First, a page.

Especially for those who embrace a lifestyle of minimalism, clutter from collecting a lot of stuff that you don’t really need or use is also a form of stress. Messy, cluttered spaces can make you feel anxious, helpless and overwhelmed. Clutter bombards the mind with excessive stimuli that causes your senses to work overtime and distracts you from stimuli that are truly important and relevant.
This makes it more difficult to relax physically and mentally and to stay aware and mindful in the present moment. If you feel pressure to keep each gift you receive, it can lead to feelings of guilt, anger and stress every time you look at them.
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Choose a Conscious Gift Giving Strategy
The solutions for addressing these conundrums are all based on becoming more mindful of your values, relationships and gift-giving habits as part of those relationships. A few simple measures can transform awkward gift-giving situations into opportunities to exchange heartfelt sentiments.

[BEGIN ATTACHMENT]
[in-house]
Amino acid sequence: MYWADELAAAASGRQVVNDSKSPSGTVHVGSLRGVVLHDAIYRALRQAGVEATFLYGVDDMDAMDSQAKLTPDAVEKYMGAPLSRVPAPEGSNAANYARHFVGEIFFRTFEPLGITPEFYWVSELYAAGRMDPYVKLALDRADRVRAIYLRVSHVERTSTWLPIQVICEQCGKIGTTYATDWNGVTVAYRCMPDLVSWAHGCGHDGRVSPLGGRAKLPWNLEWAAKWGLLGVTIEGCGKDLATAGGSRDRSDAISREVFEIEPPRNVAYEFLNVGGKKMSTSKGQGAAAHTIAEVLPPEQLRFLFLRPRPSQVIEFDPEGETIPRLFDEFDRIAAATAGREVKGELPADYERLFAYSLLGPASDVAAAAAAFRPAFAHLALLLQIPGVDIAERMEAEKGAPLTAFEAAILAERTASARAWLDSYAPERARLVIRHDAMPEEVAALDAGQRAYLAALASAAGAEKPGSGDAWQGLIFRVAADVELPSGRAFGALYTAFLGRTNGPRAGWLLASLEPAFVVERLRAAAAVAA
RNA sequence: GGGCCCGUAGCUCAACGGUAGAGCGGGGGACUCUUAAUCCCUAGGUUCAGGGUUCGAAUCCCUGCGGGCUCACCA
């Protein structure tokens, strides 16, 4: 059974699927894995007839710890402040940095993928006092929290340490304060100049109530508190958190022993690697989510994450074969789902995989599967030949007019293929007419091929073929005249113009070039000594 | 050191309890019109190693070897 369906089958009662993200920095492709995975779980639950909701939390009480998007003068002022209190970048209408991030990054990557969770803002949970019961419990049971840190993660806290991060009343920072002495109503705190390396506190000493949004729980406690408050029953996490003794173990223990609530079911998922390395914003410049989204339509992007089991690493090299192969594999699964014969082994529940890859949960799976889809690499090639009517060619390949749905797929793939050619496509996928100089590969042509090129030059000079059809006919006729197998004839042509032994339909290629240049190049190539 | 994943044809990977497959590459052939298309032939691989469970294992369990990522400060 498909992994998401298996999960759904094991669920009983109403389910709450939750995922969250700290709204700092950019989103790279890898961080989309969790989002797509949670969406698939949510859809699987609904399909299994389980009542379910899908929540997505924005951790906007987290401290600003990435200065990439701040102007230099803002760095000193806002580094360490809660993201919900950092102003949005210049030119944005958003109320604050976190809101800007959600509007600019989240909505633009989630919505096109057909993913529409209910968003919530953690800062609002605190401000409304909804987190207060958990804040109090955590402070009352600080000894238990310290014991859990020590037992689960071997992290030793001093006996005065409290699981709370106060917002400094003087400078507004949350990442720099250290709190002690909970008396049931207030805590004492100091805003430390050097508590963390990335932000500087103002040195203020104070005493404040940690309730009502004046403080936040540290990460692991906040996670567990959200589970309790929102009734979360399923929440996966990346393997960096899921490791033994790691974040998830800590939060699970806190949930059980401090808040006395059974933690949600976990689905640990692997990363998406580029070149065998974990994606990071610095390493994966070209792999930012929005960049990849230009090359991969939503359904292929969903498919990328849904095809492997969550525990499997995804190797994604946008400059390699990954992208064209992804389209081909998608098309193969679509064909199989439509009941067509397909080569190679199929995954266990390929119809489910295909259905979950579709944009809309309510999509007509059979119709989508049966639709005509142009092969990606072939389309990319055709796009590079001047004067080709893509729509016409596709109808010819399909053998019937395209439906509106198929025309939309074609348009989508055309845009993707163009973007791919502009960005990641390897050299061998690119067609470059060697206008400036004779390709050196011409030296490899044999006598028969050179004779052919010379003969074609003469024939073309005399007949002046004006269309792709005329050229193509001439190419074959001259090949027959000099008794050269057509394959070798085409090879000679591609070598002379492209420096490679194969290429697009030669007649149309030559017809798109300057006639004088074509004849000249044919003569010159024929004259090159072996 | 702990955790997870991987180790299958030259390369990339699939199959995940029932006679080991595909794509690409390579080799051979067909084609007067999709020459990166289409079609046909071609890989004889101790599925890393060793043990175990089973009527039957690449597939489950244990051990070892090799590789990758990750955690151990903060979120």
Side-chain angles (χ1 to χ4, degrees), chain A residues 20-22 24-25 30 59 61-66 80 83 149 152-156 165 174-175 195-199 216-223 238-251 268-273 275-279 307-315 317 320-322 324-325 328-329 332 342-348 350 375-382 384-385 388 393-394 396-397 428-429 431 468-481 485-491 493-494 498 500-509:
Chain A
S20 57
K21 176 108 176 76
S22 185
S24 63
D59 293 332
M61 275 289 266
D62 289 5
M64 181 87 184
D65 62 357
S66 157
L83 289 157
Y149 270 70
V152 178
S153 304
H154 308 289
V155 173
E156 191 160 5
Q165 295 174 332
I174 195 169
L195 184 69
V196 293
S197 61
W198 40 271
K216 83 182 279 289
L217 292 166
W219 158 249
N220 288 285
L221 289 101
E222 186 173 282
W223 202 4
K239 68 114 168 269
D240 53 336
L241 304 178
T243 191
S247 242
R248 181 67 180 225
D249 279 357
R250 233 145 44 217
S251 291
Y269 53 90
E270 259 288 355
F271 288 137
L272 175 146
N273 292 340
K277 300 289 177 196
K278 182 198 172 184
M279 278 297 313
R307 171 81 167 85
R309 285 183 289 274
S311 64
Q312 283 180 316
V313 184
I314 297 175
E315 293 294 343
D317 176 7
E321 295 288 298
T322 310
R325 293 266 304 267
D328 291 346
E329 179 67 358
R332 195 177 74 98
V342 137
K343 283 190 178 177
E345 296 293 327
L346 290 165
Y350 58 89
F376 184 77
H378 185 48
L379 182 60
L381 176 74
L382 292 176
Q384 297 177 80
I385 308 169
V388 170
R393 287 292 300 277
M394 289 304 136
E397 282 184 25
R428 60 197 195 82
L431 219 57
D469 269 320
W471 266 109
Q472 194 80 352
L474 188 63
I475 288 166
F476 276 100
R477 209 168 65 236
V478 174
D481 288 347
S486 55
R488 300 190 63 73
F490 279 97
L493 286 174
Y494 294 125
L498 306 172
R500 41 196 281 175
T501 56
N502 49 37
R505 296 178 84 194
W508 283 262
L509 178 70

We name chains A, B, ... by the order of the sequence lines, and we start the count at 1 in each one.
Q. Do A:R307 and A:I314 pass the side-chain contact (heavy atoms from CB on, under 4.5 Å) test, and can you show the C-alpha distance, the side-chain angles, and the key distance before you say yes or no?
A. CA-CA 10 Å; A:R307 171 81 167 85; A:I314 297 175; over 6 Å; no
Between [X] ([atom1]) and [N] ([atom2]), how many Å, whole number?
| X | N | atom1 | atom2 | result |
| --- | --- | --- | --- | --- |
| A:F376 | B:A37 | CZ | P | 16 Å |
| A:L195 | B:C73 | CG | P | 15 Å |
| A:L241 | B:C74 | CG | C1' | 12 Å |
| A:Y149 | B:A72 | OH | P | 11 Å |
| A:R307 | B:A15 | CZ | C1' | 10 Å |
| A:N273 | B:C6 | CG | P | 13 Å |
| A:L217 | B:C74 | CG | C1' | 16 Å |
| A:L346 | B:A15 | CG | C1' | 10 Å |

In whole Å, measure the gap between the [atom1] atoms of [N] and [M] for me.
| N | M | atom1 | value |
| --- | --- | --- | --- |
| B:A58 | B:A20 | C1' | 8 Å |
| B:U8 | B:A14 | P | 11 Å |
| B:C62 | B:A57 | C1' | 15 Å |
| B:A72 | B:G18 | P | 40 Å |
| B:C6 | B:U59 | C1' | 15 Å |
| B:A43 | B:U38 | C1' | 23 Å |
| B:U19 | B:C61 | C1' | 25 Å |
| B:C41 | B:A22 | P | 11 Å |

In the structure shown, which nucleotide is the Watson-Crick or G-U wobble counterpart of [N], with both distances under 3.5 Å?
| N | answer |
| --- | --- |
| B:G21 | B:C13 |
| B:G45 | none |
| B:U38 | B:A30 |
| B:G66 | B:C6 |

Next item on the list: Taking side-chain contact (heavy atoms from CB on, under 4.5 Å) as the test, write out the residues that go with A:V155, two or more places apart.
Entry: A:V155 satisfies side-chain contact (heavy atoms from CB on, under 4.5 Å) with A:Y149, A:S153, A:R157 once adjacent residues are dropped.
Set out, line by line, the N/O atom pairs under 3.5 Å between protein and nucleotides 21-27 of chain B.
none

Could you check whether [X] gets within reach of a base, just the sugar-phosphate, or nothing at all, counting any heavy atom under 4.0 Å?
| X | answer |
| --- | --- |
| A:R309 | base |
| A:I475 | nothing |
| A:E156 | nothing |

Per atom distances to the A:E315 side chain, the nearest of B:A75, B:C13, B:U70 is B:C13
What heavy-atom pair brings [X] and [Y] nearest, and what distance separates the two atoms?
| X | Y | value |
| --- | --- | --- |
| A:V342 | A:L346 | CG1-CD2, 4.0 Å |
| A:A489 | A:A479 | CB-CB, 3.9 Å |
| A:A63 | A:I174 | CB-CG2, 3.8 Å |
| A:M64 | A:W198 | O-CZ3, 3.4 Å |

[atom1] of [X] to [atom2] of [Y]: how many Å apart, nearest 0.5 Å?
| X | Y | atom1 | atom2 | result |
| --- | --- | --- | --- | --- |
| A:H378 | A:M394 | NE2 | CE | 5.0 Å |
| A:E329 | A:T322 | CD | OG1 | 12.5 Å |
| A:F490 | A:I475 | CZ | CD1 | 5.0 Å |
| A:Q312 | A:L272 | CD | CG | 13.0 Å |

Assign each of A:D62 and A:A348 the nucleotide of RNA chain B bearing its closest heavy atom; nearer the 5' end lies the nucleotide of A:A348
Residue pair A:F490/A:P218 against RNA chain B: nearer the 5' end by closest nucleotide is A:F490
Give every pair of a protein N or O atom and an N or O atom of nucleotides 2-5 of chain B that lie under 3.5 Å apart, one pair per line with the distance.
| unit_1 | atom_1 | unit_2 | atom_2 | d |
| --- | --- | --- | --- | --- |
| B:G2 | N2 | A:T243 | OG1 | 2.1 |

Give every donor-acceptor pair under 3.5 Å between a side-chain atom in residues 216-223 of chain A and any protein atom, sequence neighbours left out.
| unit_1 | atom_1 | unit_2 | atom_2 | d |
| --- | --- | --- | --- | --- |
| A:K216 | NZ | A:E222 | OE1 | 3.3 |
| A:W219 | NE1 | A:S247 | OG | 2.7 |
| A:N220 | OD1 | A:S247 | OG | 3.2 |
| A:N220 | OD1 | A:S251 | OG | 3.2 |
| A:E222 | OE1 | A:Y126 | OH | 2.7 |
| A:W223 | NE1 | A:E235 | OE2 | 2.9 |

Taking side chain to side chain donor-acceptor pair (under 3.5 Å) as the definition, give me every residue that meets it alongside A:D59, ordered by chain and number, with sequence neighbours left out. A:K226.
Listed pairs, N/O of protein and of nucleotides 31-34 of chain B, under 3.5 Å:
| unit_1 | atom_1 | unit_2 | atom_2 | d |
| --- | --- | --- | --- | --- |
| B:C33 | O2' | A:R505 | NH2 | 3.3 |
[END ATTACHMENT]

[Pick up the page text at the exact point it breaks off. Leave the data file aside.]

There are many different types of relationships and situations, but often the best way to communicate your preferences and desires is to be upfront. Have an open conversation with your family and friends well before the holiday. Focus on keeping your tone warm and respectful and avoid blaming or pointing fingers. Instead, use “I” statements to highlight your appreciation and gratitude in a gracious manner and clearly communicate that the relationship is what you value the most and want to focus on, not the gifts.
One approach is to tell friends and family in advance that you are not giving physical gifts this year or that this year you would like to focus on spending time with them and enjoying their presence instead of giving objects or that you are making donations on their behalf in lieu of physical items. While you can’t forbid someone from giving to you, since that is really up to the giver to decide, you can communicate what you are choosing and why and often they will feel relief from the pressure to reciprocate.
Depending on your level of relationship and their openness, you may be able to share more deeply what and why you have chosen to not receive or give material gifts, even if it appears at first to be breaking some unwritten cultural rules.